I, Arnold Dixon, was born at Provo, Utah County, Utah, on May 30, 1884 in an adobe house located at the corner of 2nd North and 3rd West Streets. His parents were Sara DeGrey and Henry Aldous Dixon.
Soon after I reached the age of eight I was baptized in June 1892 by Bishop R. S. GIbby. Then I was confirmed a member of the Church of Jesus Christ of Latter day Saints in June 1892 by our Bishop, R.S. Gibby. I was ordained a Priest on December 8,1904 by Alfred W. Harding; a Seventy in the 123 Quorum on November 5, 1910 by J. Golden Kimball, and a High Priest on December 11, 1927 by J. William Knight. When I was sixteen years old I received a patriarchal blessing under the hand of Charles D. Evans on November 17, 1900. Even though I was quite young at the time, the blessing was a great help and guide to me.
I received my early education in the Provo district schools. I attended the B.Y.U. Preparatory School for one year, then for part of two years I studied bookkeeping, etc. at the B.Y.U. Commercial Department. The balance of my education and training was gained through the practical experience which included a great many hard knocks, that I received in the varied jobs I held.
As a small boy, I worked on the farm, which gave me a foundation knowledge of management. I worked at a "hand made brick yard" until the Provo Pressed Brick Co. was organized, at which time I helped to install machinery and worked at a number of different machines. Later I was the timekeeper and did some bookkeeping at the yard office. I worked about one year in the Provo office of the Provo Pressed Brick Co. and S. H. Belmont & Thomas Boardman as office manager and bookkeeper. I also worked for the Central Coal Company doing office work and unloading cars of coal.
I worked about four years in Salt Lake City in the State Treasurer's Office as secretary. The office at that time was in the Utah National Bank and I did some work for the bank at the same time. In that way I received a considerable amount of banking experience.
When I returned to Provo, I did many odd jobs and during the summer vacation time of the employees I worked at the Commercial & Savings Bank. I also was bookkeeper for the State Bank of Provo.
In 1906 when the Farmer's & Merchant's Bank was organized I became the bookkeeper and worked up to the position of cashier during the twenty five years I worked there. I was cashier of the bank at the time it was re organized.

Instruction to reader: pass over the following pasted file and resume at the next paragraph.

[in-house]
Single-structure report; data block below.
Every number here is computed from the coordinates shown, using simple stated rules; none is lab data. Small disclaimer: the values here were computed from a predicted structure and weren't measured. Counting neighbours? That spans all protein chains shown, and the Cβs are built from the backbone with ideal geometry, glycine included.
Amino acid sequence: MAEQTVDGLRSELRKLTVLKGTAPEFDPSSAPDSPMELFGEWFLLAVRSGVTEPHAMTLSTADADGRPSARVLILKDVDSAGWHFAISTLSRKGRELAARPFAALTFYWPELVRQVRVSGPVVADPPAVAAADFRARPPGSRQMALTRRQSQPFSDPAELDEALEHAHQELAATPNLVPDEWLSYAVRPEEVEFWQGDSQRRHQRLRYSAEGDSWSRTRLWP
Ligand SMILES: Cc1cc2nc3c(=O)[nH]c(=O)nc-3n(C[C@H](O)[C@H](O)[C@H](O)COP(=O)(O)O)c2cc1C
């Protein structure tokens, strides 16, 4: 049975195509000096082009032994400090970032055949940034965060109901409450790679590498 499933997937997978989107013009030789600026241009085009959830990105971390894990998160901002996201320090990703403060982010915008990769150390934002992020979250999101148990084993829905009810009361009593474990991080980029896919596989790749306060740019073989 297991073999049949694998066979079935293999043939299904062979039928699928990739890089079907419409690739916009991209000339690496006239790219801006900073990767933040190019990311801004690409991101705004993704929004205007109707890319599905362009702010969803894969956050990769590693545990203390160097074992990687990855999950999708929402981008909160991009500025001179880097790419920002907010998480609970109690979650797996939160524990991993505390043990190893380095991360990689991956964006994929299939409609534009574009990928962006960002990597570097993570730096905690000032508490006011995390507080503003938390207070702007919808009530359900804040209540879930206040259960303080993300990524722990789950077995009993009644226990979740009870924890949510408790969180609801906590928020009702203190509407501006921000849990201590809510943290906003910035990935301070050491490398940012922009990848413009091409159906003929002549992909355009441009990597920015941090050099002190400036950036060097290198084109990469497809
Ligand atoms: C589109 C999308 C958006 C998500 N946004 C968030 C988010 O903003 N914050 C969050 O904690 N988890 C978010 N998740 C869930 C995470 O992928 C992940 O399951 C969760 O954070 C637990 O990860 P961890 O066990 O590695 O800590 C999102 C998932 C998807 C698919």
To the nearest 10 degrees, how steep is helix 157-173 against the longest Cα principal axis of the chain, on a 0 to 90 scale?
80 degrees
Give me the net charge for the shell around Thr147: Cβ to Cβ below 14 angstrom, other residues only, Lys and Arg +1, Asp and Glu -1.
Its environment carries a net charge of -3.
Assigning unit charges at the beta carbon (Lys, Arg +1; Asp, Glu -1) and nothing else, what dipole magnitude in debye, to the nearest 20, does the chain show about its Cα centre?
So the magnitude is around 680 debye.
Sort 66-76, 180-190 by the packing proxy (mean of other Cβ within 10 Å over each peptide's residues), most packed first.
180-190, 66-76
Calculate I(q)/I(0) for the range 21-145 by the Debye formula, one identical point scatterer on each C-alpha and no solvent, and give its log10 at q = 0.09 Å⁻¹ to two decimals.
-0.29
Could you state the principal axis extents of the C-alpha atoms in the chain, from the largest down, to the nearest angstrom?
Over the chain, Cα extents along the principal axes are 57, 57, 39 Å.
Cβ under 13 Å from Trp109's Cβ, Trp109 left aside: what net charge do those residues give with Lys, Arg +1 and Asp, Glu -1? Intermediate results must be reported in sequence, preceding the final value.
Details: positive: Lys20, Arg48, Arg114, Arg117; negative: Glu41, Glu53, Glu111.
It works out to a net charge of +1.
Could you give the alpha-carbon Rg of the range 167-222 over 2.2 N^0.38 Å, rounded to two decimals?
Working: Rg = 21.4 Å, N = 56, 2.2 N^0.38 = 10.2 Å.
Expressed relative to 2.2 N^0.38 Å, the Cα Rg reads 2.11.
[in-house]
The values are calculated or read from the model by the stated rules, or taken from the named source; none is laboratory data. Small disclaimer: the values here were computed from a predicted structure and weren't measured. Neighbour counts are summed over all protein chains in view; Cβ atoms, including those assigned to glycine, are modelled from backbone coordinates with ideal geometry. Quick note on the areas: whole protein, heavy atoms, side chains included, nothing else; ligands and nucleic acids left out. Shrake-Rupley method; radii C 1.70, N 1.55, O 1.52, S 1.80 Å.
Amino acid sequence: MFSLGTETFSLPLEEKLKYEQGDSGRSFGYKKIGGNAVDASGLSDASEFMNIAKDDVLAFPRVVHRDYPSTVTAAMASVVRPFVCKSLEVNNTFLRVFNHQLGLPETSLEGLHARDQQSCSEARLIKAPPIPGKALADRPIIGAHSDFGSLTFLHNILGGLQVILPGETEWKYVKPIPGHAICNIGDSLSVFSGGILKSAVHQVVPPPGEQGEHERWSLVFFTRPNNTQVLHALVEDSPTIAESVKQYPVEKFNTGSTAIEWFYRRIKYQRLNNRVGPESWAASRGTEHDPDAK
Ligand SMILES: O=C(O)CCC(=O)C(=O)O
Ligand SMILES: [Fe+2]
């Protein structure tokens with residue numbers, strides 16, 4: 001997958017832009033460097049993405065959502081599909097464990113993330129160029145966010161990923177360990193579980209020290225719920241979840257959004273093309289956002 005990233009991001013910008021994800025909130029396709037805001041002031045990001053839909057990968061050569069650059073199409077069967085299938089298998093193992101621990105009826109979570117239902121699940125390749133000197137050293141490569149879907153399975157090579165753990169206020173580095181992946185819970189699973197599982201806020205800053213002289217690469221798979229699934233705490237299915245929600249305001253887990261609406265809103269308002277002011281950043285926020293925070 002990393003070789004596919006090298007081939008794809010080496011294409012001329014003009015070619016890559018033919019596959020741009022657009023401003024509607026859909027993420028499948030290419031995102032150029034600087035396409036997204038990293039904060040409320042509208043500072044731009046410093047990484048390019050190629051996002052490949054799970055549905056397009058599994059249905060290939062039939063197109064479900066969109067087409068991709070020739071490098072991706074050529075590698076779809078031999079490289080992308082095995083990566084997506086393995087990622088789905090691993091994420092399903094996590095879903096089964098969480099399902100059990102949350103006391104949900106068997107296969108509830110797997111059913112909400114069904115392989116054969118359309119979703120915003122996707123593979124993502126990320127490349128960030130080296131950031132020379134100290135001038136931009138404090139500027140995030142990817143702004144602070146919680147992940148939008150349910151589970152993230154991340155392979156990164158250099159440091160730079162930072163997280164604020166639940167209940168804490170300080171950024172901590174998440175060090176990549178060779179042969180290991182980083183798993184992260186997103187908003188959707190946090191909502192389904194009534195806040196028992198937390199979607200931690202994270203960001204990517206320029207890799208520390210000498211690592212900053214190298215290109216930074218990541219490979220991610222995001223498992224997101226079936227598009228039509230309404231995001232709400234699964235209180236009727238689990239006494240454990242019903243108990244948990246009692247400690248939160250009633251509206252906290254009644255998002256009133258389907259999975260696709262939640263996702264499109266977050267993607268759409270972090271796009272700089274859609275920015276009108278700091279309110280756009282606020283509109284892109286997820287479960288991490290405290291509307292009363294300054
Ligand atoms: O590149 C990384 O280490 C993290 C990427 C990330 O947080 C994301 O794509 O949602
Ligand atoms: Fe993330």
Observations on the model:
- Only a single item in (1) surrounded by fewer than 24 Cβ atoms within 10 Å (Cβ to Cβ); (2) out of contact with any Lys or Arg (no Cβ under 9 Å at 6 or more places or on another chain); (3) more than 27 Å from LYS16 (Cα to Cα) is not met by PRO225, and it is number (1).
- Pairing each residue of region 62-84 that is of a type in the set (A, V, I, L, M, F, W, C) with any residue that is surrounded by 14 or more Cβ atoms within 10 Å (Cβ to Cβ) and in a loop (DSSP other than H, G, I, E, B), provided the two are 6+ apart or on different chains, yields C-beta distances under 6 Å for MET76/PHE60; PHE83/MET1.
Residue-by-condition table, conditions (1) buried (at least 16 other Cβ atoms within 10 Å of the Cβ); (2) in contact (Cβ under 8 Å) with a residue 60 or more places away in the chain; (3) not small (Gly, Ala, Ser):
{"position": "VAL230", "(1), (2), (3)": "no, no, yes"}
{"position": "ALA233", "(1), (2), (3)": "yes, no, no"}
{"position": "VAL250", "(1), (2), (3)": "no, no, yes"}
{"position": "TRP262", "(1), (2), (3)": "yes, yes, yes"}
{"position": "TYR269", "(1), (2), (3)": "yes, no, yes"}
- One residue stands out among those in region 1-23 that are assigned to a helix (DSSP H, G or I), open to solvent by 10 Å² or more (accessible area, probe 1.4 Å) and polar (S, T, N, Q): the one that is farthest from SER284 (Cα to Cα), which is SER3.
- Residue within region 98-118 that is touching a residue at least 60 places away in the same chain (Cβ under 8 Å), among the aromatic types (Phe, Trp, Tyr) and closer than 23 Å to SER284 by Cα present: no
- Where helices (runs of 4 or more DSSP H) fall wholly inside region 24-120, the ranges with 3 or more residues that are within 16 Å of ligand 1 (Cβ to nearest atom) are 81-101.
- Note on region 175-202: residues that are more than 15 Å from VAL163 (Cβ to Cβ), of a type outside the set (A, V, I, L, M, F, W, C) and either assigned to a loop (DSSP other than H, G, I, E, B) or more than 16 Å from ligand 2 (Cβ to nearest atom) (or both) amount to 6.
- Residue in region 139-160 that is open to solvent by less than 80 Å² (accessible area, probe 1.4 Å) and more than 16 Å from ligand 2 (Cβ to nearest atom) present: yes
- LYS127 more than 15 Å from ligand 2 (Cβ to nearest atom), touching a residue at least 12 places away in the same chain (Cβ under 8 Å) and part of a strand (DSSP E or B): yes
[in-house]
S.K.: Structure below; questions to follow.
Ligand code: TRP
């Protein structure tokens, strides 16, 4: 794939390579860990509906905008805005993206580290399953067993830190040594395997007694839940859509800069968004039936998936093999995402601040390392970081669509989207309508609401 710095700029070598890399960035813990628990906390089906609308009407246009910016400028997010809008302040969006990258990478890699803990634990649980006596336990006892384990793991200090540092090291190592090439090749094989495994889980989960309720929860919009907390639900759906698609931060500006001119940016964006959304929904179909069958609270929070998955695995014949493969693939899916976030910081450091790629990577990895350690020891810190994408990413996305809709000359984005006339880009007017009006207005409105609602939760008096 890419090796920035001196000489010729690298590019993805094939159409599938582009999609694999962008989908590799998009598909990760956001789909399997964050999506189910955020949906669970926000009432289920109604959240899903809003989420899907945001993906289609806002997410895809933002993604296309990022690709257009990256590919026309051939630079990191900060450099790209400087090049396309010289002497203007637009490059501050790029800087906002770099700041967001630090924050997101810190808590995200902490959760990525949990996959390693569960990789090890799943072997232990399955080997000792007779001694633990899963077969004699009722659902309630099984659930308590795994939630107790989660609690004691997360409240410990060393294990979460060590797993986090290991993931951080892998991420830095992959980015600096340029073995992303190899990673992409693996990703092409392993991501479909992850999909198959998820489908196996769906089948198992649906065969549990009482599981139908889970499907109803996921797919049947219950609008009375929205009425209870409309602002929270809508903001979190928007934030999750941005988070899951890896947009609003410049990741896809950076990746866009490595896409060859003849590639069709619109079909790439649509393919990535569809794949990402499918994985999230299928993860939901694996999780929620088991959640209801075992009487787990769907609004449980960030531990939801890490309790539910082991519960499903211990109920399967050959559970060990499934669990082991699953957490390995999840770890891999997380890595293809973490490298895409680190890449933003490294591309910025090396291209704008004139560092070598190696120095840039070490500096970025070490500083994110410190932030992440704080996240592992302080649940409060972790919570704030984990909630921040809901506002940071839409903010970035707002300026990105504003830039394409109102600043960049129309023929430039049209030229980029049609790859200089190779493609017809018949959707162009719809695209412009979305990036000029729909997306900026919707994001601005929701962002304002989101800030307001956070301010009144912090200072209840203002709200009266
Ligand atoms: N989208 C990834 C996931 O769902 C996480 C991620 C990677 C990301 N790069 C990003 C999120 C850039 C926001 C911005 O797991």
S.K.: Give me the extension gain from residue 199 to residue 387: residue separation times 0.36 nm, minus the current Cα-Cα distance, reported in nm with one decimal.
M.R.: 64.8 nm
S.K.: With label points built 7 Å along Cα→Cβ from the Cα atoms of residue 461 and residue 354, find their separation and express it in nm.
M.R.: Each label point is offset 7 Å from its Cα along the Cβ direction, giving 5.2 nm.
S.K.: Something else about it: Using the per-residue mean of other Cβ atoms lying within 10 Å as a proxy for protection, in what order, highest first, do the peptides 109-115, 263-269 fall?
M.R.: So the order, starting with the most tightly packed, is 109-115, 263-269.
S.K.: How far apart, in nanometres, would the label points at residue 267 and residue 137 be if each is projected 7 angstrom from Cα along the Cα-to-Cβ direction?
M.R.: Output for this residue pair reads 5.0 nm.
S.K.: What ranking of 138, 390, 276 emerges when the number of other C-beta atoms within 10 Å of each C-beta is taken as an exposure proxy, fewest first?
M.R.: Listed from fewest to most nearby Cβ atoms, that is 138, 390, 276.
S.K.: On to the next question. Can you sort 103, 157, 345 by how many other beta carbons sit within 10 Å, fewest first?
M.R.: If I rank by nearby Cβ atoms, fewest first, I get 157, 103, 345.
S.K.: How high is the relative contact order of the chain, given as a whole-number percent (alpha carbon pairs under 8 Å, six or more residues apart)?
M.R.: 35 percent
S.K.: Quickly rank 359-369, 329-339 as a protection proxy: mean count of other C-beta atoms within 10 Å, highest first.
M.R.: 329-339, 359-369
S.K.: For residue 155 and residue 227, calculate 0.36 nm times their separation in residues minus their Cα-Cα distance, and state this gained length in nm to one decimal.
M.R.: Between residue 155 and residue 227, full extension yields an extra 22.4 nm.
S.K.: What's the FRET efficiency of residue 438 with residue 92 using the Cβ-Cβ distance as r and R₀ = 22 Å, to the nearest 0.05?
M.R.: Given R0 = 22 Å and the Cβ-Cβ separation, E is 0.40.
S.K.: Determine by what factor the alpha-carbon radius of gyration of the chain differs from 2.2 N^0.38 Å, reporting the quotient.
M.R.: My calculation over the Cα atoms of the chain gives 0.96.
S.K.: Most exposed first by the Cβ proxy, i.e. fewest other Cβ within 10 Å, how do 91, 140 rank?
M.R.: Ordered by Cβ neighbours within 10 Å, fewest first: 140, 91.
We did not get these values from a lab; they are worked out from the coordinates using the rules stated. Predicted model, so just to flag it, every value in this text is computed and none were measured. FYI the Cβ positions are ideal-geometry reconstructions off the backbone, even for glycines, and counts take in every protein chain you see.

While working at the Farmer's & Merchant's Bank I spent one two week's vacation and went to Hurricane where I helped organize the State Bank of Hurricane. I had every intention of moving to Hurricane as the cashier of the bank. I spent many nights writing letters and securing all the information I could regarding the amounts of deposits in both the St. George and Cedar City banks and the number of residents in the towns near Hurricane. I also drew up the Articles of Incorporation. I was promised a charter from the State Bank Commissioner in case the bank was organized.
When I arrived in Hurricane my cousin, Alfred Hall, and others were ready to subscribe the stock. Alfred and I called on Charles Petty, owner of the main general merchandise store, and were turned down cold. He informed us that a friend of his. J. W. Imlay, a big sheep man, was already going to open a bank. It was to be a branch of a new bank soon to be opened in Cedar City. I knew that could not be so because Mr. Imlay had no charter and branch banks were not allowed in Utah at that time.
The next man we contacted was David Hirschi, who was a director of the St. George Bank. He felt we were foolish to try and organize a bank in Hurricane, because we would not be able to get enough deposits and would not be able to sell the needed stock. So instead of helping us he only tried to discourage our efforts, but I knew that people in Provo would take what stock could not be sold in Hurricane.
Within the next few days we had enough stock subscribed to go ahead with the organization of the bank. On the day I was to return to Provo, I again called Mr. Hirschi and urged him to become the bank president because of his banking experience. I bade him good by and was on my way when he called me back and informed me that he would back the new bank.